Dear Friends and Family,
I am back! I did not get many takers for people offering to write for me soooo I had no choice….Just a little update: B”H Esti came home this week on monday and is doing B”H great. Thank you to everyone for your tefillot, support and for all calls, texts and emails of love. Thank you to Hashem for being there for us and putting into our life the most beautiful and special parents, family and friends who were able to help us.
In this week’s parsha, Teruma, G-d commands the Jewish people to build the Mishkan( the Tabernacle), a resting place for G-d’s presence. With the exception of the tragic incident of the sin of the Golden Calf, the rest of Sefer Shemos is devoted to the preparations for and the construction of the Mishkan. The Sfrono comments that this commandment comes right after last because the Mishkan would not have been needed had the Jewish people not sinned with the Golden Calf. He maintains that ideally no “Temple” should have been needed after the Jewish people’s revolution at Sinai. The entire nation achieved the level of prophecy and every Jew was worthy of the Shechina resting on him, as it later did on the Tabernacle and Temple. Only after the Jewish people toppled from that high level of spirituality, as a result of the worship of the Golden Calf, did it become necessary for it to have a “central” Sanctuary.
Ramban differs with his opinion. Ramban explains that the redemption from Egypt was not complete with the physical departure from the land of Egypt, nor was it complete even with the giving of the ten commandments, even though the revelation at Sinai was the goal of the exodus. The Exodus had not achieved its purpose until the heights that the Jewish people reached at Sinai were made a permanent part of existence by the means of the Tabernacle.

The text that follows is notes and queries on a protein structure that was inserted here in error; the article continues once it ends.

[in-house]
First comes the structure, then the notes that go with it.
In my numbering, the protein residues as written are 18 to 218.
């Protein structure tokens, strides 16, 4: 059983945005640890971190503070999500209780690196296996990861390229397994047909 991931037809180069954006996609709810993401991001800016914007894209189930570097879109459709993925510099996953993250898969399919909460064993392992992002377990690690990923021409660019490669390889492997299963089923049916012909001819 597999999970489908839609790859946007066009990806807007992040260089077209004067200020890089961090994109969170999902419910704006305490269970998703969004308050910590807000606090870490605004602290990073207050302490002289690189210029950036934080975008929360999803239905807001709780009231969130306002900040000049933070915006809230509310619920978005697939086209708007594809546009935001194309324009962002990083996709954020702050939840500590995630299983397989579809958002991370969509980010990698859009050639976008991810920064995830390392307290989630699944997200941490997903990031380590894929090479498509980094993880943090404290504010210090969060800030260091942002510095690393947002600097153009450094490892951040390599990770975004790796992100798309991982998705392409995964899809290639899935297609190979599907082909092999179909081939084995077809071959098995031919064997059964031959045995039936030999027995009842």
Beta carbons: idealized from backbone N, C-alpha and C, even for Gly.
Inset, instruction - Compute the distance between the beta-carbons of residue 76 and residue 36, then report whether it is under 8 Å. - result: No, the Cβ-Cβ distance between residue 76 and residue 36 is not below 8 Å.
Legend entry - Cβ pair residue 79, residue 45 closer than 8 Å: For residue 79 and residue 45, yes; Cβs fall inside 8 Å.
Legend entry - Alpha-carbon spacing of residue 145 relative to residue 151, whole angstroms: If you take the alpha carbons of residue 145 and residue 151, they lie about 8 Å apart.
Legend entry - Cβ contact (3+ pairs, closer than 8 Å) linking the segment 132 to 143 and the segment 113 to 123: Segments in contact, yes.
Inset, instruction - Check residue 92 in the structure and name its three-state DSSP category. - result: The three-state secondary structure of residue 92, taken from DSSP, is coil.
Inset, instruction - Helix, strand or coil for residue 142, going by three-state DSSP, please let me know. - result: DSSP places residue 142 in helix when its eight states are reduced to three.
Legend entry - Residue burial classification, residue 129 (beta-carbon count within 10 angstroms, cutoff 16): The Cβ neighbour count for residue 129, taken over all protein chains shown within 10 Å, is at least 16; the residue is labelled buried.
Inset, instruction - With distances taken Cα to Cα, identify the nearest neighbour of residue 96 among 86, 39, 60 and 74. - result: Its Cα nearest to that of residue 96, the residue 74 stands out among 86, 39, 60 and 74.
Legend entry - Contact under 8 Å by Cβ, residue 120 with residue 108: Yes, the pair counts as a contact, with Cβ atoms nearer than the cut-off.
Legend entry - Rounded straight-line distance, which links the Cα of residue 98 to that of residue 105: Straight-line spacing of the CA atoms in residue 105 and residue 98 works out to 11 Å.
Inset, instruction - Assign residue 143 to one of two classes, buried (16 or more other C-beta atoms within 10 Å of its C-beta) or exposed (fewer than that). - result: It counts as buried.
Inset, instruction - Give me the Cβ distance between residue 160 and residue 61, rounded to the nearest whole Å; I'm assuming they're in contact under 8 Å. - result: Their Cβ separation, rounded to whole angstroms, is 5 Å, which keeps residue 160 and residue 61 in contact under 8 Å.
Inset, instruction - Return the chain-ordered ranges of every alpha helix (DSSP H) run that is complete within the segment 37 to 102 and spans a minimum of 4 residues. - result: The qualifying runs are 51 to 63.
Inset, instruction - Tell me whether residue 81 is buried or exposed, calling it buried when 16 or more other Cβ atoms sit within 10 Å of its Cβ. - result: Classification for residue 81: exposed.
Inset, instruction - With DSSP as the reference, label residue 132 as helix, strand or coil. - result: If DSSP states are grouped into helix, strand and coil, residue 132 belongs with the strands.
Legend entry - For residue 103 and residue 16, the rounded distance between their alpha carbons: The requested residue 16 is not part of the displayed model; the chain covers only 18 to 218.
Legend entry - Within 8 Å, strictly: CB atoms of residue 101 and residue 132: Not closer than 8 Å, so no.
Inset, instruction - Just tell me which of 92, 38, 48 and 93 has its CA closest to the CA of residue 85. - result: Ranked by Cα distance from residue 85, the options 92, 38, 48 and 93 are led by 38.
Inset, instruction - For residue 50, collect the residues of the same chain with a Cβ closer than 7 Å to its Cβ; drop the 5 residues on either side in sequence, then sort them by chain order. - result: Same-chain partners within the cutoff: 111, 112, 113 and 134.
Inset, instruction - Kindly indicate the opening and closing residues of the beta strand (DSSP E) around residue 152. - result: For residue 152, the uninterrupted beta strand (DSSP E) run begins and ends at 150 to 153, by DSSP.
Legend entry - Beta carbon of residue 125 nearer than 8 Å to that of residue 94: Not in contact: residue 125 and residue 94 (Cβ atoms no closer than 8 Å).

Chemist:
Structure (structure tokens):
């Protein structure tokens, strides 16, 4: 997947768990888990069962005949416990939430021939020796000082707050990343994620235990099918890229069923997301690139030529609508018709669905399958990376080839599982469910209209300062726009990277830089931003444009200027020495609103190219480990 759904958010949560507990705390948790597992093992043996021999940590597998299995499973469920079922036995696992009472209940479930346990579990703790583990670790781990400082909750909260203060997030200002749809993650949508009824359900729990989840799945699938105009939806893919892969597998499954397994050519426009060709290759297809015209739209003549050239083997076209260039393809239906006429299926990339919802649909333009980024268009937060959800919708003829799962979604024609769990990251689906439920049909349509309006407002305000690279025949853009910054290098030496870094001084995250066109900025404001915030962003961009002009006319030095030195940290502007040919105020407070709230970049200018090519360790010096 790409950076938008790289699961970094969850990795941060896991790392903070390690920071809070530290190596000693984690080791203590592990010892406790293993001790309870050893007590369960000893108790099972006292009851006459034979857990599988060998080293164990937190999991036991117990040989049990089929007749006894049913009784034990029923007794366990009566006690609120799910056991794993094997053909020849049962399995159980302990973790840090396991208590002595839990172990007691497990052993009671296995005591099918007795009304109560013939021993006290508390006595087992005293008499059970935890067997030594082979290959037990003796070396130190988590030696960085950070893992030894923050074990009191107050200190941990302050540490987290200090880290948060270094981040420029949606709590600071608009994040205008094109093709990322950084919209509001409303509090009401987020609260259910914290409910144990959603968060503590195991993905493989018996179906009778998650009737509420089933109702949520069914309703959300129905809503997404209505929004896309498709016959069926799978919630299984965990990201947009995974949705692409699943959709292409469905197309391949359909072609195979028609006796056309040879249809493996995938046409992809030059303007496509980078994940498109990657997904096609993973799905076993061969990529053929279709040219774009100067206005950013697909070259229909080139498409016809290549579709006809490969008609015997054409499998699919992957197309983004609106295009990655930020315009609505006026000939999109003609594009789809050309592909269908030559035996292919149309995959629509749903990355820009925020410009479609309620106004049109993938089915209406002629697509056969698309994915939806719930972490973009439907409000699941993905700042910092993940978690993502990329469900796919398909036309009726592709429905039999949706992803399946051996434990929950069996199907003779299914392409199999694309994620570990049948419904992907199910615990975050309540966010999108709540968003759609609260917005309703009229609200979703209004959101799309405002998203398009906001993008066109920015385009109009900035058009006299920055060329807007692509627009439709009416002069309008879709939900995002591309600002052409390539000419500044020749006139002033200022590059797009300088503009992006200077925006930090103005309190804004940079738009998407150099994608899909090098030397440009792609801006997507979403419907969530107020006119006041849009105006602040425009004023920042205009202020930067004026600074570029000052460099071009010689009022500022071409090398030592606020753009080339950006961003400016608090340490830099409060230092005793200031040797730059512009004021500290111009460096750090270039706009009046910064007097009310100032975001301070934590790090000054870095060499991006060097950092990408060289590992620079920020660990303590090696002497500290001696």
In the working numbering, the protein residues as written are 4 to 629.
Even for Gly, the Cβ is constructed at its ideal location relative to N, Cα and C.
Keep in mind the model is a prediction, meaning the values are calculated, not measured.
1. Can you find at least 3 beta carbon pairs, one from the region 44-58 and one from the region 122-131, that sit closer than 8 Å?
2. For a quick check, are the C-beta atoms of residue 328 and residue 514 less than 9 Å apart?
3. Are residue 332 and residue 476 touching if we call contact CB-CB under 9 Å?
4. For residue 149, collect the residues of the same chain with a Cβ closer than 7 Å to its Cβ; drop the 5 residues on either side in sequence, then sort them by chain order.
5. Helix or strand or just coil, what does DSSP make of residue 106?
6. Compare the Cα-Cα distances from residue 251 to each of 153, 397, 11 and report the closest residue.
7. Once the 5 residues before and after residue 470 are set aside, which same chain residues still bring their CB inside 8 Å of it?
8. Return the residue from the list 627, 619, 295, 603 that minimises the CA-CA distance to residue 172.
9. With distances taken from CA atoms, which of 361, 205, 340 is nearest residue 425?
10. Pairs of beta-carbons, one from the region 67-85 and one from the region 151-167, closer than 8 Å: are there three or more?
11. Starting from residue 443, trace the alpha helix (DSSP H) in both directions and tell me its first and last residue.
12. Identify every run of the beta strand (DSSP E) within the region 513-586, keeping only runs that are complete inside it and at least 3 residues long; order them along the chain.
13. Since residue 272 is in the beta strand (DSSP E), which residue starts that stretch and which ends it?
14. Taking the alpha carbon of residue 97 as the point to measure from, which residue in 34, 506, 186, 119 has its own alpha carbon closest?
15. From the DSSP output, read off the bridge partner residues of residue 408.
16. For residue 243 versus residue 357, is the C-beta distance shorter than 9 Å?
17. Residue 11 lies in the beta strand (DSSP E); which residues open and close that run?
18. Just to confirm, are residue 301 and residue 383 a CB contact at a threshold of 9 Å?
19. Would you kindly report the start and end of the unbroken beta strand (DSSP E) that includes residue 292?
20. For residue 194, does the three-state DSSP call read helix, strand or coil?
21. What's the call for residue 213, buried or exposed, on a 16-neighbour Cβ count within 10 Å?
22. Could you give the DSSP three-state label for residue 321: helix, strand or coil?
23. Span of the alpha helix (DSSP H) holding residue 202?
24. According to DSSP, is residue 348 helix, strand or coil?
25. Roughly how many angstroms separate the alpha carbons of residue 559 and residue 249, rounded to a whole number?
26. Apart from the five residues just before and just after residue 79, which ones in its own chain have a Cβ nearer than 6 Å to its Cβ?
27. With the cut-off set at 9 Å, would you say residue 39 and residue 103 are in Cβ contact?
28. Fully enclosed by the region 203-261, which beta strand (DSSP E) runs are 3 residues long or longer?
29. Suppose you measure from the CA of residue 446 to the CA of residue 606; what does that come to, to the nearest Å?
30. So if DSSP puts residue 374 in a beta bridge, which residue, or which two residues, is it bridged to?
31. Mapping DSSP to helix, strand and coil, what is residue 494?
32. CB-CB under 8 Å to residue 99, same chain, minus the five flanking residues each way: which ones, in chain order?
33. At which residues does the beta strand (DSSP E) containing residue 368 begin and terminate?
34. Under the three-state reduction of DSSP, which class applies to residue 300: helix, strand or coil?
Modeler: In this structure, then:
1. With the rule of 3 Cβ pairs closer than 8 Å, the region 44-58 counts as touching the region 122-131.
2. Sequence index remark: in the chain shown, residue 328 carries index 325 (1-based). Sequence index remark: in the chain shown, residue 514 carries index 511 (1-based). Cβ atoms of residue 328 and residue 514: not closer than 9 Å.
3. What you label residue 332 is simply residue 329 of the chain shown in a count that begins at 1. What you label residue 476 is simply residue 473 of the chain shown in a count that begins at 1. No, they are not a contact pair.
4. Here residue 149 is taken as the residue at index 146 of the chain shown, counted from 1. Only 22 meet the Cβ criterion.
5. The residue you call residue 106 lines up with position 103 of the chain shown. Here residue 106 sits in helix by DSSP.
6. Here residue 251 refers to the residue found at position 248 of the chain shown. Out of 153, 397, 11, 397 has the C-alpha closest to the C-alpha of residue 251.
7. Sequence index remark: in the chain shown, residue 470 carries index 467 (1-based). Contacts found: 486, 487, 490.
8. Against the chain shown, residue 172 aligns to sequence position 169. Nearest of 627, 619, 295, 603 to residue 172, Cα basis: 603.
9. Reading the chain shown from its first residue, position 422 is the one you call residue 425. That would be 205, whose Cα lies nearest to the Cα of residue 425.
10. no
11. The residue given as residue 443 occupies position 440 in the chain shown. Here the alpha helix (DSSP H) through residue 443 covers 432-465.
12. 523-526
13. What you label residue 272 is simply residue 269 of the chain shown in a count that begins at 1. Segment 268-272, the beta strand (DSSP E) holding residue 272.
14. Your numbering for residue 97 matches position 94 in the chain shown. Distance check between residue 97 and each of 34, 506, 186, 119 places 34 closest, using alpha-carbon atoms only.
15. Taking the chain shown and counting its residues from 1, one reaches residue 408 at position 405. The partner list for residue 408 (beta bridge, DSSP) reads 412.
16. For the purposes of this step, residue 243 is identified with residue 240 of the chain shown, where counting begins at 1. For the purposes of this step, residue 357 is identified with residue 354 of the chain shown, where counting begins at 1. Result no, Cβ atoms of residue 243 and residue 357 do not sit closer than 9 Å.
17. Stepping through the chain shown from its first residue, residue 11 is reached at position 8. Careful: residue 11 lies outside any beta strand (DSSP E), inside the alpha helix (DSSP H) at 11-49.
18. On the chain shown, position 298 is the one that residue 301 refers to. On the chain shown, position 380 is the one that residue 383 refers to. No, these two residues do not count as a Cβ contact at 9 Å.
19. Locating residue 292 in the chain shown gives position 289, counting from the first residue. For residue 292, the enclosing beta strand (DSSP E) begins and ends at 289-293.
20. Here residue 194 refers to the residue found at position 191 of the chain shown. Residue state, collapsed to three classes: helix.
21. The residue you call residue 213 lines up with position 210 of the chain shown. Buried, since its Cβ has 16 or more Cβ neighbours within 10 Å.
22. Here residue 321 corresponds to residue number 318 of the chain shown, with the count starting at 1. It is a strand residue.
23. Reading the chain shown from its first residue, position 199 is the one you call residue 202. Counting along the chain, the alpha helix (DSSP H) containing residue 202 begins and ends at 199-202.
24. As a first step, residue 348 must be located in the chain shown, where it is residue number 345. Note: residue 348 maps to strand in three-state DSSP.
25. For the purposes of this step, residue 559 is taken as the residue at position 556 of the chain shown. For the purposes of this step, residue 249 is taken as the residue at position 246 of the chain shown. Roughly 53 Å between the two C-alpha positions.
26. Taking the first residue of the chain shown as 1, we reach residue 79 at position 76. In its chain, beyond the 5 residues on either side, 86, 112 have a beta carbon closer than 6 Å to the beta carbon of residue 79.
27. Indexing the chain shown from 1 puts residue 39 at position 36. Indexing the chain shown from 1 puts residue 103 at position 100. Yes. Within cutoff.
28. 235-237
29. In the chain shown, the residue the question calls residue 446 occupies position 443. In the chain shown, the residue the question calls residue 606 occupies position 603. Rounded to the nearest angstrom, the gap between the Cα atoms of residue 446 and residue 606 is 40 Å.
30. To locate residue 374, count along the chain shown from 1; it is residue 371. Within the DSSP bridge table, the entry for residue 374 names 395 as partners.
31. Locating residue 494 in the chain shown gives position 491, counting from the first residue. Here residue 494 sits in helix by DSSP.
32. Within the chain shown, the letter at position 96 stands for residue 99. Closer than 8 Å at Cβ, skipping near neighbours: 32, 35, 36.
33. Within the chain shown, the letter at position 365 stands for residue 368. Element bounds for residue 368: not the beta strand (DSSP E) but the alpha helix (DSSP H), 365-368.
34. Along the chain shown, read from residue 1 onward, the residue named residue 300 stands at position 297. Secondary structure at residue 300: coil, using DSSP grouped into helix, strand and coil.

In this light, the Tabernacle was intended to be the central rallying point of the nation, ringed by the tribes and topped by the cloud of G-d’s presence, and the place to which every Jew would go with the offerings through which he hoped to elevate himself spiritually. The function of the Tabernacle in the Desert was carried forward by the Temple in Jerusalem. Throughout the long and bitter exile the centrality of G-d’s presence is represented by “miniature sanctuaries” of synagogues and study halls, for it is in them and through them that Jews hark back sounds of Sinai and the radiance of the Temple.
We live on a physical earth, and our goal is to bring G-d and spirituality into the physical. We all experience moments of high’s and moments of low. Yet it is not just about those moments of intensity, but in the aftermath how we make it a permanent part of our life. Our emotions range of different situations and our life situations bring new experiences, challenges and rewards. On a personal note, as Daniel and I were going back and forth from the hospital, we had some time to talk on the long drives through traffic to South Miami. There were many realizations we had through it all and when our baby was coming home, we asked each other: What are we going to take from this all? What have we learned from our experience? How can we help others? What are we going to do to make this experience not just a passing challenge, but a part of us?
We came up with some ideas and I know that we will try our hardest to follow through.
On this Rosh Chodesh Adar, May this new month bring Mazal, Happiness, success and Refuah to the entire Klal Yisroel and May we merit to see the redemption soon.
Have a beautiful and uplifting Shabbas!